by Adam J. Kneeland
B-1 is a status most commonly a short-term status used by people visiting the US for business; however, it is also an option for applicants pursuing religious/missionary activities, including teaching at religious schools. Using the B-1 for religious instruction is often misunderstood; here are the basics of who qualifies and what is required.
B-1 Missionary Status
According to the Foreign Affairs Manual (FAM), the document CBP will primarily reference when reviewing your application, there are three types of applicants who are eligible for a B-1 visa for religious purposes:
- religious leaders visiting multiple places of worship and supported by offerings given at each meeting
- religious leaders switching pulpits with a US counterpart, supported by their home church; and
- a broader third category for missionary work, including religious instruction.
9 FAM 402.2-5(C)(1)(U)
The Law Offices of James D. Eiss has extensive experience with B-1 missionary applications for religious instruction.
What qualifies as religious instruction?
“Religious instruction” can mean teaching explicitly religious materials (scriptural studies, Sunday School, etc), but may also include more standard educational subjects (math, science, reading, etc) taught from a faith-based curriculum.
For example, many conservative Mennonite schools relate all subjects to the tenets of their religious beliefs. With faith incorporated into all subjects the curriculum cannot be separated from their religious beliefs, so even teaching math, science, language arts, etc. qualifies as religious instruction.
Because this teaching is less obviously religious in nature, however, it's critical that applicants at the border provide the right evidence to CBP officers to ensure their applications are fully understood and correctly processed.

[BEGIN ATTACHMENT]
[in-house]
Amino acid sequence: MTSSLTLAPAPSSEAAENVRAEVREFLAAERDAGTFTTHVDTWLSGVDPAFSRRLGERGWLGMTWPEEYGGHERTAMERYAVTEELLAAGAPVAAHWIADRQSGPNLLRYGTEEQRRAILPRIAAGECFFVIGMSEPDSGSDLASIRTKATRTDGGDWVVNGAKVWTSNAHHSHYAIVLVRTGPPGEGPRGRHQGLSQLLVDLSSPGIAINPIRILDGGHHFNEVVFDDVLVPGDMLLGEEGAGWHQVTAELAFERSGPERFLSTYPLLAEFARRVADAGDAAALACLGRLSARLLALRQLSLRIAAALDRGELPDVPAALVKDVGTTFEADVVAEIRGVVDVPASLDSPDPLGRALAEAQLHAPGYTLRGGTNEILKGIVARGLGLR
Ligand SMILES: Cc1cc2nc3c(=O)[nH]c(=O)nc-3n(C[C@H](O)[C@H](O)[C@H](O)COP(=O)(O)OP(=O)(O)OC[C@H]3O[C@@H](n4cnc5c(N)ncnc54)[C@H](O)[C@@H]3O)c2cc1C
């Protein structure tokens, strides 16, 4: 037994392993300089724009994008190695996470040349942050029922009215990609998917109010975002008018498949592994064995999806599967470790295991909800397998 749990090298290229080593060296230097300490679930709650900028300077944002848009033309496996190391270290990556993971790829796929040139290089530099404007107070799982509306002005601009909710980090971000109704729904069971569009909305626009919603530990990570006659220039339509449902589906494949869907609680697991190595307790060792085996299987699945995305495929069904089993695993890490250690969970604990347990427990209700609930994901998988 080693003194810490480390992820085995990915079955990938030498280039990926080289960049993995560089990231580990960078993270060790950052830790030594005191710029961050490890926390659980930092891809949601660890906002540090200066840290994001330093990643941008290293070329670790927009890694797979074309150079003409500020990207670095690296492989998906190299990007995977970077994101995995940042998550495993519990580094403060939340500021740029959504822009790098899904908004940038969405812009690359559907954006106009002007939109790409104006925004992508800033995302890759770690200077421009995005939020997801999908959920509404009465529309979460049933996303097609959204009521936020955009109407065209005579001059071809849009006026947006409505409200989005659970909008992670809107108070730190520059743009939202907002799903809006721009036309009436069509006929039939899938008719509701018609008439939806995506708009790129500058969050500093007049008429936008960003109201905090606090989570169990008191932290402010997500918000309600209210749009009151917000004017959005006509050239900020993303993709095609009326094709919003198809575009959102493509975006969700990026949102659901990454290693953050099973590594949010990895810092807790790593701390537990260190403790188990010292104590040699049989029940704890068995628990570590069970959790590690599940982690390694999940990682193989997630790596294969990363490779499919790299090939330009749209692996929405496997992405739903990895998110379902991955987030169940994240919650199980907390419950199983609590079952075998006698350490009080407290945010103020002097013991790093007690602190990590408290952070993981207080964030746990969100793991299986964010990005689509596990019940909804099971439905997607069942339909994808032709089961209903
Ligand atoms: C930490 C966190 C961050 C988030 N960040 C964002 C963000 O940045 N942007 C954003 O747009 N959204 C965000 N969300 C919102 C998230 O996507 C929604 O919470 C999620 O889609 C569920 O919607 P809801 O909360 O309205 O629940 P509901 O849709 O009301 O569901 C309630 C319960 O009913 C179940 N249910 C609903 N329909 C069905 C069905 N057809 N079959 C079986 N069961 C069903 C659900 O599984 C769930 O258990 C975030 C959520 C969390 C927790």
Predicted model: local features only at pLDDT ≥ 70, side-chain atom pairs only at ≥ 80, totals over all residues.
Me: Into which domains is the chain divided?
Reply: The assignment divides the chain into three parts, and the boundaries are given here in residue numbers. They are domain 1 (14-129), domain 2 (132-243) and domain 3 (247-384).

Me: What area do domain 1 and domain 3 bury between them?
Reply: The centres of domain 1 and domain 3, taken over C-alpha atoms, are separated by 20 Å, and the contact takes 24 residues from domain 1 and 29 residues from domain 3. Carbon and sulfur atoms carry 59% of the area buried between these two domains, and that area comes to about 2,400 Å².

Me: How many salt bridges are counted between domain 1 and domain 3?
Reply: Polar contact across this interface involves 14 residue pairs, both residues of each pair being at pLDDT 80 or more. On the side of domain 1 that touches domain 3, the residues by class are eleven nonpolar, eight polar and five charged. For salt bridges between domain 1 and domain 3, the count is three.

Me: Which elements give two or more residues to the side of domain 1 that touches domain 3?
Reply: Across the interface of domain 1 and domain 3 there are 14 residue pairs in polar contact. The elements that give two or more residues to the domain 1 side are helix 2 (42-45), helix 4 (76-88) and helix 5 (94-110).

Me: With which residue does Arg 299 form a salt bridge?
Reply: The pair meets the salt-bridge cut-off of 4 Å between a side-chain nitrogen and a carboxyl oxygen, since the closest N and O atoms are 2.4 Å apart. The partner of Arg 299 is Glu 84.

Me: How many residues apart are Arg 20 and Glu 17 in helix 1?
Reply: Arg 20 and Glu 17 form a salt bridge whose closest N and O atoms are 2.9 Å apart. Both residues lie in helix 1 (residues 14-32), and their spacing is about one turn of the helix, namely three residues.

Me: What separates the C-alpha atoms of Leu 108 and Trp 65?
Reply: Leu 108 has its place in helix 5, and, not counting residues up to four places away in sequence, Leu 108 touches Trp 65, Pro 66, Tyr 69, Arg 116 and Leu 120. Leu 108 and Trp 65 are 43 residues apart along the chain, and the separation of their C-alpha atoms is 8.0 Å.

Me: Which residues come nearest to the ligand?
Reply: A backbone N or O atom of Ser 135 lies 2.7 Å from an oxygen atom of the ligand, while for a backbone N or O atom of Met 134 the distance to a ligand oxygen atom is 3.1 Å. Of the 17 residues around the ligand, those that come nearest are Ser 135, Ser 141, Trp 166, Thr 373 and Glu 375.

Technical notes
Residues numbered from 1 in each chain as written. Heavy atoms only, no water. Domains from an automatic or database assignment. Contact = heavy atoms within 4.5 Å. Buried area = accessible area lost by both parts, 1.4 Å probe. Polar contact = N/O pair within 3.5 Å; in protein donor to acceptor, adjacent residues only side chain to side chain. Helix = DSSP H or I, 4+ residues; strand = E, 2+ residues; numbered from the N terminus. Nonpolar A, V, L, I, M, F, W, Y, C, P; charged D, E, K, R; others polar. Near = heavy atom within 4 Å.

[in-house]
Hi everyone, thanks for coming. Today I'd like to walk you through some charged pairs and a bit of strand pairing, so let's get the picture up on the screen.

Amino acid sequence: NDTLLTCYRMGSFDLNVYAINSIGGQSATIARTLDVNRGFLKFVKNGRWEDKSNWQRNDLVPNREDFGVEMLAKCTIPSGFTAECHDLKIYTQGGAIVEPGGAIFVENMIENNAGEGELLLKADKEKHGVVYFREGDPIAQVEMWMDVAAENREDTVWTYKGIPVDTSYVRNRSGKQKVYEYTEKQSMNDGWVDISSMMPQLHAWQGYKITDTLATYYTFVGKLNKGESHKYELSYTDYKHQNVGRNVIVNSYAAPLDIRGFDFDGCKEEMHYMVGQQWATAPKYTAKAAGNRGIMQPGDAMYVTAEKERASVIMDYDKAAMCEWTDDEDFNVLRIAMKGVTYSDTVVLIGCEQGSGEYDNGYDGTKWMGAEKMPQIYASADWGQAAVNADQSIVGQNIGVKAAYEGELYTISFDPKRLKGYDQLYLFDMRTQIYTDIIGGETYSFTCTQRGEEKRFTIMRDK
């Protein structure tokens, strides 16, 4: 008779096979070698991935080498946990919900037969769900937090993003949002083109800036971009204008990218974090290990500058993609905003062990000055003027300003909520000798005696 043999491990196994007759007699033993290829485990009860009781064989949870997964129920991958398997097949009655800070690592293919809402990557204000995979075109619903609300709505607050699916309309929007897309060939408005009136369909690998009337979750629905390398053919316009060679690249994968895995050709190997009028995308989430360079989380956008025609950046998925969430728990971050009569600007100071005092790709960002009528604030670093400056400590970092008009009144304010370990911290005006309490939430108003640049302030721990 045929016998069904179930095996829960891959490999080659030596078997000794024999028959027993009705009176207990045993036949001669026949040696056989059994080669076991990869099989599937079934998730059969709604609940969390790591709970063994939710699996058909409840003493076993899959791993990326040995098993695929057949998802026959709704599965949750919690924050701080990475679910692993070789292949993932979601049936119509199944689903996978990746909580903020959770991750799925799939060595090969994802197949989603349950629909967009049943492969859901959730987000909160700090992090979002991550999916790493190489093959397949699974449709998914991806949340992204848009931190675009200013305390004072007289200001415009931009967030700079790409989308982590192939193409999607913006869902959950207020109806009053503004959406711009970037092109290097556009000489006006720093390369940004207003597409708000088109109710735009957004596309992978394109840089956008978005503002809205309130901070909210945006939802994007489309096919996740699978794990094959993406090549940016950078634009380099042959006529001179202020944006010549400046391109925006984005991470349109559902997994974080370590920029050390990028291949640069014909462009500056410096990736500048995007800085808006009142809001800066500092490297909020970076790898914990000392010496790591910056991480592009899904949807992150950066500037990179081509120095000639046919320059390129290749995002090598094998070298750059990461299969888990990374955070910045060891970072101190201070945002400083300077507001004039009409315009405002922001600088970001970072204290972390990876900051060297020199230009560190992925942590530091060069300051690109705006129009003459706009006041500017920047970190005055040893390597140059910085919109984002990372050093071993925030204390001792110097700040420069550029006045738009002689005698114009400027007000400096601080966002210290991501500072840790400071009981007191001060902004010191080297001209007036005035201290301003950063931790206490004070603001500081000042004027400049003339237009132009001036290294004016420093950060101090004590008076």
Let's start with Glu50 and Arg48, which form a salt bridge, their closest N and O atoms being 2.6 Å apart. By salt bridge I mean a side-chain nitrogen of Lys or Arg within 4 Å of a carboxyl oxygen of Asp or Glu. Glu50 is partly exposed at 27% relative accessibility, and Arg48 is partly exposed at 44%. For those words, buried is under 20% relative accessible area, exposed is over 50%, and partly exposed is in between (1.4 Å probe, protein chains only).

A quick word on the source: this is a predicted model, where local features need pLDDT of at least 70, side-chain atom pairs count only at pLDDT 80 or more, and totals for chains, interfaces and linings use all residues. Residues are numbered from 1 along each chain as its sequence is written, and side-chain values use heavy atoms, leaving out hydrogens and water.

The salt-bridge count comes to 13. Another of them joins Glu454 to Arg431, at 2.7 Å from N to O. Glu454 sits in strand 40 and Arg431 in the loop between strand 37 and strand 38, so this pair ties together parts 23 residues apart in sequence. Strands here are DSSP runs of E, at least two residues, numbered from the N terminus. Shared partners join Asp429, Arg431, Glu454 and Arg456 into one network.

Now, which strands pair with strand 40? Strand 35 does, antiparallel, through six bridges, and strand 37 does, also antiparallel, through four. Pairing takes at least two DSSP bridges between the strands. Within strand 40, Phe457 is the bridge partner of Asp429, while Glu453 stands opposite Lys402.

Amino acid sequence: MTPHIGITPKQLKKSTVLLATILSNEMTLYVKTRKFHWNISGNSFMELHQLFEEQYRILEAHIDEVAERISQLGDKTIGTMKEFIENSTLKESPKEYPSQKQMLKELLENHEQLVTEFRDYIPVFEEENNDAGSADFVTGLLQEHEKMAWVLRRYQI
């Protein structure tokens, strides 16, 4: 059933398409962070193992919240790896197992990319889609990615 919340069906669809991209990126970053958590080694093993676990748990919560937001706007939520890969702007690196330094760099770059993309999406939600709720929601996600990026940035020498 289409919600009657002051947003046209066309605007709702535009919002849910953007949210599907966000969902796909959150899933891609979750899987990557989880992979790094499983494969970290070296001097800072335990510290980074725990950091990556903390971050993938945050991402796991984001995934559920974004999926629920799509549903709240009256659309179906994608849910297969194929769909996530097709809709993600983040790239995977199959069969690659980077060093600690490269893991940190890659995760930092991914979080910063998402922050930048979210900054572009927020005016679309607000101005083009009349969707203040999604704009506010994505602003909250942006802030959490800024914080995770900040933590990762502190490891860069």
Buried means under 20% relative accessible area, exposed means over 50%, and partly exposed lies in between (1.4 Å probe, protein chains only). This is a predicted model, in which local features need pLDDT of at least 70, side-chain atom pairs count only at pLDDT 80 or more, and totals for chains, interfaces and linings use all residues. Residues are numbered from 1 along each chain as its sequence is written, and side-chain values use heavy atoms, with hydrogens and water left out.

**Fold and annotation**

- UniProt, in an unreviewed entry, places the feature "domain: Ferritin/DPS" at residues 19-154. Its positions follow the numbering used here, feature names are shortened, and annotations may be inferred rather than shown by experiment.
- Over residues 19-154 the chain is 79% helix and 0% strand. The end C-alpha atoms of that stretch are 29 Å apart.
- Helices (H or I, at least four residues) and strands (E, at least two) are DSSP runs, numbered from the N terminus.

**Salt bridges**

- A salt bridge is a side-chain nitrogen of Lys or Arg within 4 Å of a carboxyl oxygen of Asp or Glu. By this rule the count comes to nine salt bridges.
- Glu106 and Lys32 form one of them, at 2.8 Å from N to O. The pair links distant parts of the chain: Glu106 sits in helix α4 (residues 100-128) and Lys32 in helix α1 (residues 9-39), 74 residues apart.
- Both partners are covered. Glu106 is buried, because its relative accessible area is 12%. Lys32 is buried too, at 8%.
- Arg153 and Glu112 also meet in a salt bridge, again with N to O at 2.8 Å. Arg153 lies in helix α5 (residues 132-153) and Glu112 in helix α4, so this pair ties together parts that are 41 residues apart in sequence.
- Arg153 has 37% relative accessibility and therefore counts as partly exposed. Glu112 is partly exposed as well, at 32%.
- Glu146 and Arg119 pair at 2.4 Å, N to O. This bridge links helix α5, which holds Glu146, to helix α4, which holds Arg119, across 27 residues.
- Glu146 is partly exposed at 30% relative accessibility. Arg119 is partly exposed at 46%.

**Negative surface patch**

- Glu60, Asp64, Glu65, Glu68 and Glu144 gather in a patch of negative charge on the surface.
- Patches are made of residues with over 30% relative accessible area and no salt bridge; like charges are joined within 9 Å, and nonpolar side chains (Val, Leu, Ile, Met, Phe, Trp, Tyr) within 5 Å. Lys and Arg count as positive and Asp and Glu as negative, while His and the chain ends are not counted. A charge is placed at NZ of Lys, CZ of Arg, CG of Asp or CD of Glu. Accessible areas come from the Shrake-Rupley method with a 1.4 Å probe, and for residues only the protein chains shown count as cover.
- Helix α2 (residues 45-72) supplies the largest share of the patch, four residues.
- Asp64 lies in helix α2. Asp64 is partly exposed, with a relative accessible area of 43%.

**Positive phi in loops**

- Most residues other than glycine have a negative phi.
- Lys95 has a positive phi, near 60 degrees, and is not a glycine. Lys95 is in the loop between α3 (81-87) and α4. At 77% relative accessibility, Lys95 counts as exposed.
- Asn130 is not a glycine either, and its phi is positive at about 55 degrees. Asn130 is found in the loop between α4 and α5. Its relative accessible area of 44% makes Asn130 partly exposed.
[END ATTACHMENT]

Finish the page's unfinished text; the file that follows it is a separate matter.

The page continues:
Key supporting evidence
When applying for a B-1 visa as a teacher, it's important to provide confirmation that the instruction will be religious in nature. This includes a letter from the home church confirming the applicant's membership and denomination; even more critical is a letter from the receiving organization's pastor (or school board member, elder, etc.) confirming the faith requirements for teachers and the faith-based nature on the educational curriculum. Letters are usually sufficient to show that this is the requirement, but they must be specific and detailed about the religious nature of the instruction.
A B-1 missionary/instructor is a volunteer and cannot receive a salary, but they are allowed to receive monetary support to cover necessary expenses. The amount of monetary compensation should be considered carefully. Too large an amount may result in a denial because the officer believes an R-1 is more appropriate, being a status for longer-term employment. “Too large” is relative; an organization providing food and housing to the applicant should offer less cash than an organization offering only transportation.
In general, monetary support provided to teachers in B-1 status should be enough to cover reasonable anticipated expenses during their time at the receiving organization and no more. It may also be worth considering whether monetary support can be provided by the applicant's home church outside of the U.S.
Duration of B-1 status and travel during volunteer term
Applicants can be granted B-1 missionary status for one year at a time. CBP will sometimes limit applicants to 6 months, though specifying the anticipated term of volunteer service and citing the relevant regulations may help ensure a longer validity period. Extensions can be applied for at the border or, if the volunteer wishes to remain in the U.S., with an application to USCIS. Which method makes the most sense will vary depending on the individual situation.
If the volunteer leaves the U.S. in the middle of their volunteer term—to visit home for Christmas, for example—they will essentially need to reapply when they enter again. This means that in the worst case scenario they could be denied re-entry by CBP. Because officer discretion plays such a significant role in border crossings, presenting the same application materials is no guarantee of re-admission. If initially admitted for the full requested period (the full school year, e.g.), an applicant should carefully consider whether leaving in the middle of their term is worth the risk of difficulty upon re-entry.
Contact the Law Offices of James D. Eiss today to learn more about B-1 Missionary Status for religious instruction.